Back to back Ardbegs! That’s how we like to live our life. Especially if there’s not much to complain about. After the funny sounding An Oa it’s the equally ludicrous Kelpie.
Jackie, over at the visitors centre at Ardbeg, was kind enough to set aside a case of the Committee bottling before our trip to Islay on account of them disappearing off the shelves well before the Feis rolls around. We had a couple of wee sips while at the distillery but nothing formal.
Last night was the first time I actually sat down with it.
So what is it? To be honest it’s just another cool story that’s trying to conceal how young this whisky is. Really. Look, I appreciate all the endearing tales they come up with – who doesn’t – and more than that I appreciate each and everyone who works at the distillery. They are the absolute best.
And it’s because of that we all smile and nod our heads as they tell us tales about monsters covered in seaweed that emerge from the depths of the sea or listen attentively to brand ambassadors as they explain what virgin oak from the Black Sea is. I’m still not quite sure, to be honest.
But I don’t want the age of the whisky to detract from the fact that this is a perfectly acceptable tipple. Nothing much wrong. Nothing much spectacular either but then the industry has been letting us down so often that we’re rather happy when something is not absolutely horrendous.
Oh, the pain of living in a world where we crave adequacy.
“Stop being melodramatic” says my brain.
“Shut up” says my heart.
Bottled at 51.7% my sample is from a brand new bottle.
Nose: Rather sweet and citrus-y. Custard like sweetness. Lemon like citrus. Then the signature tones. Ash. Soot. Seaweed. Wait! Not seaweed. Kelp. Of course I smell kelp. Grapefruit. Eucalyptus (finding a lot of this lately). Let it sit and it becomes more grainy. Barley. Quite a sharp and piercing nose. Not in a bad way. In a young way, maybe. Some olive oil. Some balsamic vinegar. My wife makes a salad dressing like this. I like the salad dressing. I like this nose.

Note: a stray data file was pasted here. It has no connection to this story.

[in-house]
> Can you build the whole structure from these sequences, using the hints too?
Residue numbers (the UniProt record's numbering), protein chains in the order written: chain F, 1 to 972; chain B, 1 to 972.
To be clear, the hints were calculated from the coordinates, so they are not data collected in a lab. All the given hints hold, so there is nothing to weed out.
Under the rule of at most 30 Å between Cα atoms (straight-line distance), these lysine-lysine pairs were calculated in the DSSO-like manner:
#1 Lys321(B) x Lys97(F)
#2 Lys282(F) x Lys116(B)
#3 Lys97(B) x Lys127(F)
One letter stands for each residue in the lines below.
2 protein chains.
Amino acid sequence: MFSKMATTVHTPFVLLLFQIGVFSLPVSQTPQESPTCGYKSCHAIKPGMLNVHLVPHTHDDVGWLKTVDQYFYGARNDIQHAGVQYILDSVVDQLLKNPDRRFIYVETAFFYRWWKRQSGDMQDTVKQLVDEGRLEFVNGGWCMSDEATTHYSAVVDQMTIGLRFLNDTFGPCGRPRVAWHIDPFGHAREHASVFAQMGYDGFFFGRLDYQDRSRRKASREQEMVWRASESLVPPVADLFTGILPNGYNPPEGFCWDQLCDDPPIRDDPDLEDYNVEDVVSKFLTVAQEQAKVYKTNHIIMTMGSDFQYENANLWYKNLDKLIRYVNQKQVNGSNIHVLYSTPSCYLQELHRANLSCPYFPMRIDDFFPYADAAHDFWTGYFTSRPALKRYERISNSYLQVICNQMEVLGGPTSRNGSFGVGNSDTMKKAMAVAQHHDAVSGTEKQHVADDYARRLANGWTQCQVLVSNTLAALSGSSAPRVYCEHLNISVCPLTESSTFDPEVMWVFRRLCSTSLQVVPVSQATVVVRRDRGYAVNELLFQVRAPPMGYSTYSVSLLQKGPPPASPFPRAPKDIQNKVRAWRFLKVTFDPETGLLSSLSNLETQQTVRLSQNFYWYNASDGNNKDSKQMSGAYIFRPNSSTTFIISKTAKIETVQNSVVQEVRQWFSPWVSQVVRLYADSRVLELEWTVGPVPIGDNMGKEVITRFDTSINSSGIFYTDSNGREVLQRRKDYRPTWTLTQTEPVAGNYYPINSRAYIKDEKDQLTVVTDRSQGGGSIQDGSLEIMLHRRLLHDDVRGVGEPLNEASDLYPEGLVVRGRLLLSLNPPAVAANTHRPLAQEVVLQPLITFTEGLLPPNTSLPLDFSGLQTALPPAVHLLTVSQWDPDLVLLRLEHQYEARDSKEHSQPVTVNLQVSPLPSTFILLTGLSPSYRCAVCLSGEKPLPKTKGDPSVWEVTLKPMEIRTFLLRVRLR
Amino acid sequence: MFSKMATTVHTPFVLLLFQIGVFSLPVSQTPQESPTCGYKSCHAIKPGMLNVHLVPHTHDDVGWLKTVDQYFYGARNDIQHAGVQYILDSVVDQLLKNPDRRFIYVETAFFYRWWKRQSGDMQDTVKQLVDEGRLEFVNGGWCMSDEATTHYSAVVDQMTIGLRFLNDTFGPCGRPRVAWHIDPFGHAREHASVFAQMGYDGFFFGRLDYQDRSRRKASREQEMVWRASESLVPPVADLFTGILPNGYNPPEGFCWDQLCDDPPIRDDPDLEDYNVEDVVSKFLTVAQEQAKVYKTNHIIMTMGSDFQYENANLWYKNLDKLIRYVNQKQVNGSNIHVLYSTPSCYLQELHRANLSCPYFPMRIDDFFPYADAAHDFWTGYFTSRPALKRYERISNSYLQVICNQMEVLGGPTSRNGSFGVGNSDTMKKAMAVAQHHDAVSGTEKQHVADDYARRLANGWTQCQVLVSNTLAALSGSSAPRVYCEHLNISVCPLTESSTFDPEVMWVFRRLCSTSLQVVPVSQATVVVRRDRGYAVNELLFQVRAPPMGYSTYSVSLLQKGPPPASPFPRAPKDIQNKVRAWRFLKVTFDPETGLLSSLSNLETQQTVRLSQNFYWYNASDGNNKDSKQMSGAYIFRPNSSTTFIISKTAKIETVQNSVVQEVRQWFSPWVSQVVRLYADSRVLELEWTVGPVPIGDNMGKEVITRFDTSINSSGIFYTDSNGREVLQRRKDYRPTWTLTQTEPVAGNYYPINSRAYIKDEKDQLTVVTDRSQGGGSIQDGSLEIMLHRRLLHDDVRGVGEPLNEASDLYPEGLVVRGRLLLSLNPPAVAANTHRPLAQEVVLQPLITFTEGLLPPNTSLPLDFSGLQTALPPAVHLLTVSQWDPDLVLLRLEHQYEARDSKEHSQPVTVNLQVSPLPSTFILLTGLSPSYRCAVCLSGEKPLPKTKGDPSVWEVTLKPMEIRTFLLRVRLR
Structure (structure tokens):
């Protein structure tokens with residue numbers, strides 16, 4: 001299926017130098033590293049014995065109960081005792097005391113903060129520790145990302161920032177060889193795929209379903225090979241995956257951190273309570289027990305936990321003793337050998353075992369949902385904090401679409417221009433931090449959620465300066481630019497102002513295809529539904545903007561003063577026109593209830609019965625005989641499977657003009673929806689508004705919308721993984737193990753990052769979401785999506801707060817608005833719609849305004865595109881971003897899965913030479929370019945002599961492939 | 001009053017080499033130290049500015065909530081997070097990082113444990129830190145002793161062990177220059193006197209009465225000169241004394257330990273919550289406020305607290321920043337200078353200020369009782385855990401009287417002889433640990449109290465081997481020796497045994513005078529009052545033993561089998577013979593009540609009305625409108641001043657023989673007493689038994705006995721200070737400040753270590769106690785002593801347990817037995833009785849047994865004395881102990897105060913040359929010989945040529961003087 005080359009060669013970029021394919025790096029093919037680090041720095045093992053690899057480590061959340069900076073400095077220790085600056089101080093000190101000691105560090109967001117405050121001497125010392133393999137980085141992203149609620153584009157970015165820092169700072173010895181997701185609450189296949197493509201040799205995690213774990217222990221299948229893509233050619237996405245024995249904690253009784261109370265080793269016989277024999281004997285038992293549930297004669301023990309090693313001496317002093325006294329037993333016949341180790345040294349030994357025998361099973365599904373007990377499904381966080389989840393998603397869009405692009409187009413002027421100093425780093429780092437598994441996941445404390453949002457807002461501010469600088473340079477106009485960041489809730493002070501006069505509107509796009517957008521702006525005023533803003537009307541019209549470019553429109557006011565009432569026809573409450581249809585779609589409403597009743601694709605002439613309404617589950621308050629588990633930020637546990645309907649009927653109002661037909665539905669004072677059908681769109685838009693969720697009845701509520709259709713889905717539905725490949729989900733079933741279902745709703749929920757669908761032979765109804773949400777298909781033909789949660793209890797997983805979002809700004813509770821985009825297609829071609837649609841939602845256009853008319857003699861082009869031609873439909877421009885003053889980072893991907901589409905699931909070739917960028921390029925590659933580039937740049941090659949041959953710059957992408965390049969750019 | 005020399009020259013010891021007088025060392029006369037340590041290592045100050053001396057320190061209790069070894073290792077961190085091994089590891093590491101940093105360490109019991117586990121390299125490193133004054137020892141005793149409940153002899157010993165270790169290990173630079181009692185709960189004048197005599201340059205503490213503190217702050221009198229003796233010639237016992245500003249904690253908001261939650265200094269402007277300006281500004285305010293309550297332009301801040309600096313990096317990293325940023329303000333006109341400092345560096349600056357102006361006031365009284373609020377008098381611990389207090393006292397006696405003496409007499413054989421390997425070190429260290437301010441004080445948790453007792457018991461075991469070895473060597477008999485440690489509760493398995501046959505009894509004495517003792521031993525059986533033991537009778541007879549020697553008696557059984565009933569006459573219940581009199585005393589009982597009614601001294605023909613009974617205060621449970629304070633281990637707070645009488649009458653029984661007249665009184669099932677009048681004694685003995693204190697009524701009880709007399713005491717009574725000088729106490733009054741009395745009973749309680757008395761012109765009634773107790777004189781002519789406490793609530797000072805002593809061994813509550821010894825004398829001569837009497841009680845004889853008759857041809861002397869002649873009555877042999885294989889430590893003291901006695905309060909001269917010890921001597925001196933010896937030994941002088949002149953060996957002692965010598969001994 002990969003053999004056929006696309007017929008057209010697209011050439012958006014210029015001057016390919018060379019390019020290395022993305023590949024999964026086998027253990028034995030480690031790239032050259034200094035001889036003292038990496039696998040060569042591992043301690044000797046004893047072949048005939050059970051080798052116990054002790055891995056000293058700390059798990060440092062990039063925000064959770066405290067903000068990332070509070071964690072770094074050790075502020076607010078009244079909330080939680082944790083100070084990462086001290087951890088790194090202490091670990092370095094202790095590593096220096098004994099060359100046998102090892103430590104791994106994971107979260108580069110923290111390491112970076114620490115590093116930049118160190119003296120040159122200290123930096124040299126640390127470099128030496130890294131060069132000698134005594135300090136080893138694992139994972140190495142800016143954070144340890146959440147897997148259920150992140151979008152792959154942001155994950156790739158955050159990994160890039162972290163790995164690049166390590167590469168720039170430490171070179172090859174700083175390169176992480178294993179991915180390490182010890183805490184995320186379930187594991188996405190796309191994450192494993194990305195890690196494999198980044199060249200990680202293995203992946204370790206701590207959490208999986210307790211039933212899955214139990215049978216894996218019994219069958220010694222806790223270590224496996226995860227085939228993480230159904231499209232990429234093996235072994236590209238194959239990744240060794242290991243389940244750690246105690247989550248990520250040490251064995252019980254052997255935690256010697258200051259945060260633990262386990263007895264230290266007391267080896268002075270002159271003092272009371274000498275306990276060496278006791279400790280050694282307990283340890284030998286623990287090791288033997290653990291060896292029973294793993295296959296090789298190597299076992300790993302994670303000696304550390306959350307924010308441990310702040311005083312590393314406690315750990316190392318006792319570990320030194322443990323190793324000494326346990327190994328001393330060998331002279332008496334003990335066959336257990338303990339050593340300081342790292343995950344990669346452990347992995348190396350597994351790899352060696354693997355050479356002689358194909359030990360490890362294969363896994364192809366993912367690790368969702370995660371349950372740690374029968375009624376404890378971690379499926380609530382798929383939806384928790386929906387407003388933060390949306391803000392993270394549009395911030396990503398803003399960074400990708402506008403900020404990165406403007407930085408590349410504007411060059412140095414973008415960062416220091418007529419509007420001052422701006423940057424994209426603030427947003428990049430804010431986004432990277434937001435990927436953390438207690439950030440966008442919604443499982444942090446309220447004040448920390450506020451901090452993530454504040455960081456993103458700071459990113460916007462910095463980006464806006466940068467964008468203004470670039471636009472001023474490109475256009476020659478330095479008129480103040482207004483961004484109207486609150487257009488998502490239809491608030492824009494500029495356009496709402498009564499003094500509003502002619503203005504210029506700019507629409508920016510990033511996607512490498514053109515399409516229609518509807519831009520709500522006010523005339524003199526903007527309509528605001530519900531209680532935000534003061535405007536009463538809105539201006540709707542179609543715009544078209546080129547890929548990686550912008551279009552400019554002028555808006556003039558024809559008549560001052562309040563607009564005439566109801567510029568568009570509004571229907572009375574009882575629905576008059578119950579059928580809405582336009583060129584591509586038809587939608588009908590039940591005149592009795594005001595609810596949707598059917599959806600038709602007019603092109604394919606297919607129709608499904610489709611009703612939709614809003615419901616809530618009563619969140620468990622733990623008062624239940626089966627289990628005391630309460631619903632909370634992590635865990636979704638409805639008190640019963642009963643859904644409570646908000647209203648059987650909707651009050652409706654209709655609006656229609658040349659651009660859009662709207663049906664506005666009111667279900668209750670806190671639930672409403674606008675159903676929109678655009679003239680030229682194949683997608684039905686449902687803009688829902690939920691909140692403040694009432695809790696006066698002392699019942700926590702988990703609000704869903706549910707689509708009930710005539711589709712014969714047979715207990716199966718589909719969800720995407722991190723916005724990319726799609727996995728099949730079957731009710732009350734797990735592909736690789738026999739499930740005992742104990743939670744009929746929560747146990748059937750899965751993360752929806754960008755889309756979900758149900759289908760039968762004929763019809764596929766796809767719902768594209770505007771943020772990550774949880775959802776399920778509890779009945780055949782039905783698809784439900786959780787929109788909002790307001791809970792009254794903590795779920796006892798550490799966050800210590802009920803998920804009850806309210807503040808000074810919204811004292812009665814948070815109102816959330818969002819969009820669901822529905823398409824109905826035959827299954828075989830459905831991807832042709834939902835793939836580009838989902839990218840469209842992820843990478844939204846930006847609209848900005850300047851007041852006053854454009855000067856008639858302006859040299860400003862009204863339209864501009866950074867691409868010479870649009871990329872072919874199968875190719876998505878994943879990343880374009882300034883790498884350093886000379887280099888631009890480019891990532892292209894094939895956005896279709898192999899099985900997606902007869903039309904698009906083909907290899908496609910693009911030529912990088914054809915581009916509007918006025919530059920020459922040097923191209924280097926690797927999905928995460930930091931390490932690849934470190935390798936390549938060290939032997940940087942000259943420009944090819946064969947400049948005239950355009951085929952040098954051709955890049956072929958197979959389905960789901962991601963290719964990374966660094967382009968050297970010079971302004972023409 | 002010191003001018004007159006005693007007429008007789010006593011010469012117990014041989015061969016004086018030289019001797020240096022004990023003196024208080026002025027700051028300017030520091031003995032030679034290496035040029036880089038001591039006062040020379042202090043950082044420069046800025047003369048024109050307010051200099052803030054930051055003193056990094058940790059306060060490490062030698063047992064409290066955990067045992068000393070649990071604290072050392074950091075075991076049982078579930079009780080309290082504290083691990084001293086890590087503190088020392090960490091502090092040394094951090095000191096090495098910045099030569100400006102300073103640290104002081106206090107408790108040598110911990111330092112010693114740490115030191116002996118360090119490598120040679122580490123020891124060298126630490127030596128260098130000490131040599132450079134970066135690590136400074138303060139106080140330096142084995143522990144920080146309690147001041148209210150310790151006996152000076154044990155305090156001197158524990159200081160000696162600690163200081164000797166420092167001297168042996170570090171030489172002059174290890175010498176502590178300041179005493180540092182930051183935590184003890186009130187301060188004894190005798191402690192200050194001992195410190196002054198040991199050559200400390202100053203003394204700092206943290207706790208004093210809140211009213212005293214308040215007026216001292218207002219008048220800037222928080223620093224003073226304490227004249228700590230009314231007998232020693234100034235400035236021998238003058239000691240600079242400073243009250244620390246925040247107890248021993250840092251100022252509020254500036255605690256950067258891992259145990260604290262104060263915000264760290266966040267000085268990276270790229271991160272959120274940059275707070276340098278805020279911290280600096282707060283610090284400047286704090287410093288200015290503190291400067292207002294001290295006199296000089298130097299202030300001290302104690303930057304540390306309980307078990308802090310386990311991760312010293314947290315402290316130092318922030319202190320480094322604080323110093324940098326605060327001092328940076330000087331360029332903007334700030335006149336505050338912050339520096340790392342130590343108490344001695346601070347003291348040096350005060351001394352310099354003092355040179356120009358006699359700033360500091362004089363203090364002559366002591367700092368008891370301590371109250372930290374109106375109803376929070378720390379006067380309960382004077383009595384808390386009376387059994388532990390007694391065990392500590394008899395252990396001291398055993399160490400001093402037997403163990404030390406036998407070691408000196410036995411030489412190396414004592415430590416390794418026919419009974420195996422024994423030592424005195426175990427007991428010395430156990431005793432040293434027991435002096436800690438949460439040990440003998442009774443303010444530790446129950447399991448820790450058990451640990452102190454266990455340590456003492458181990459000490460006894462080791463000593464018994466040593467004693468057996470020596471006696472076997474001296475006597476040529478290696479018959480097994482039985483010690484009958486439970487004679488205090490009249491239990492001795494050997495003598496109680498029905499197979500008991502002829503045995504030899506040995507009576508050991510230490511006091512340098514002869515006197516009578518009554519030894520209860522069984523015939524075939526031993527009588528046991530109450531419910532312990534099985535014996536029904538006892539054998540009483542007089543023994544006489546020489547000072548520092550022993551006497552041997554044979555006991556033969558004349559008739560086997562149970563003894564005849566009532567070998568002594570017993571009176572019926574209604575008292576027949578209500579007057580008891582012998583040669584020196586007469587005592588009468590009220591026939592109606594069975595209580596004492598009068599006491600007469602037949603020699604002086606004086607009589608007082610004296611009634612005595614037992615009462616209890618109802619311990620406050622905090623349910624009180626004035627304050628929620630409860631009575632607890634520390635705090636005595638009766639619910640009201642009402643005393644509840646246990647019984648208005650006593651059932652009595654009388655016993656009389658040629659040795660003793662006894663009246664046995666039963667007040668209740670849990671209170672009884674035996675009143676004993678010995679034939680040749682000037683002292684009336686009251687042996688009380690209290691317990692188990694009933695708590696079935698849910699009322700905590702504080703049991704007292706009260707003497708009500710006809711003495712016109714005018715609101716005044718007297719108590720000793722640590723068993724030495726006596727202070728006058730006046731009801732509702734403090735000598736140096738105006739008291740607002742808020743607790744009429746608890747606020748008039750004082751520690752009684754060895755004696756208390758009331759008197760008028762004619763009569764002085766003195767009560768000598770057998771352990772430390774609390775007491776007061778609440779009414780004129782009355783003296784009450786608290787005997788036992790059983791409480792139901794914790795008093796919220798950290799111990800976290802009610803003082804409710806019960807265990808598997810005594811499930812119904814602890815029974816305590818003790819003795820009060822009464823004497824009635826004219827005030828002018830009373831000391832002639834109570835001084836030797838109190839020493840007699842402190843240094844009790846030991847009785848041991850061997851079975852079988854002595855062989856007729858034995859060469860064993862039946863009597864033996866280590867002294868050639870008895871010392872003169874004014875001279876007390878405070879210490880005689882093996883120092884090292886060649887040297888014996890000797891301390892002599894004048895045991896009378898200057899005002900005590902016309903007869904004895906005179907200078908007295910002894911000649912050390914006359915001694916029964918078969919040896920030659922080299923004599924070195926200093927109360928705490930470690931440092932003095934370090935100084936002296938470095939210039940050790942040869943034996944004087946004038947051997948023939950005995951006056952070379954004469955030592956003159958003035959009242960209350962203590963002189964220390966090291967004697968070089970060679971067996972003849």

Palate: Good delivery if a little thin. Ash. Soot. Charred banana leaves. Spices. Lots of spices. And here are some more spices. Nutmeg. Clove. Cinnamon. There’s something a touch bitter here. None of the sweetness found on the nose. With water it turns more grainy. More chalky. More limestone. I wish it was sweeter.
Finish: Decent. Oily. Citrus. And that soot.
Overall Comments: It’s an Ardbeg. It’s a good Ardbeg. I wish it was a smashing Ardbeg. But that’s ok. I’ll settle for a perfectly adequate Ardbeg. The story is cute. Something about monsters. The casks are weird. Black Sea and all. I’m just happy it doesn’t suck.
@Nozinan, I am inclined to agree with @MadSingleMalt on this issue, viz. the real question is whether or not there is sufficient difference among the offerings to justify a special release. Overall I'd have to say that I think that Ardbeg has put out a few releases which were unnecessary by virtue of their being fairly similar to other whiskies in their standard line, e.g. Perpetuum seems to me like an NAS above average batch of Ardbeg Ten. I have a generally high opinion of Ardbeg's standard line, so being like the Ardbeg standard line of products is for me not a bad thing at all.
It seems that Ardbeg feels the need for regular publicity bolstering by way of continuing to put out a steady stream of special releases. For some of us, this seems a bit, or more than a bit, manipulative.
@BlueNote you have nailed it. Making customers feel they are 'missing out' if they don't keep up.
I do find some of the packaged art endearing, like the little dog with a space helmet on the Galileo box. But I've been getting fed up with Ardbeg for a while now and have checked out with the special releases, especially this nonsense of two different ABVs for expressions of the same name.
To clarify, I'm yet to meet an Ardbeg I didn't like - but I'm off the marketing train.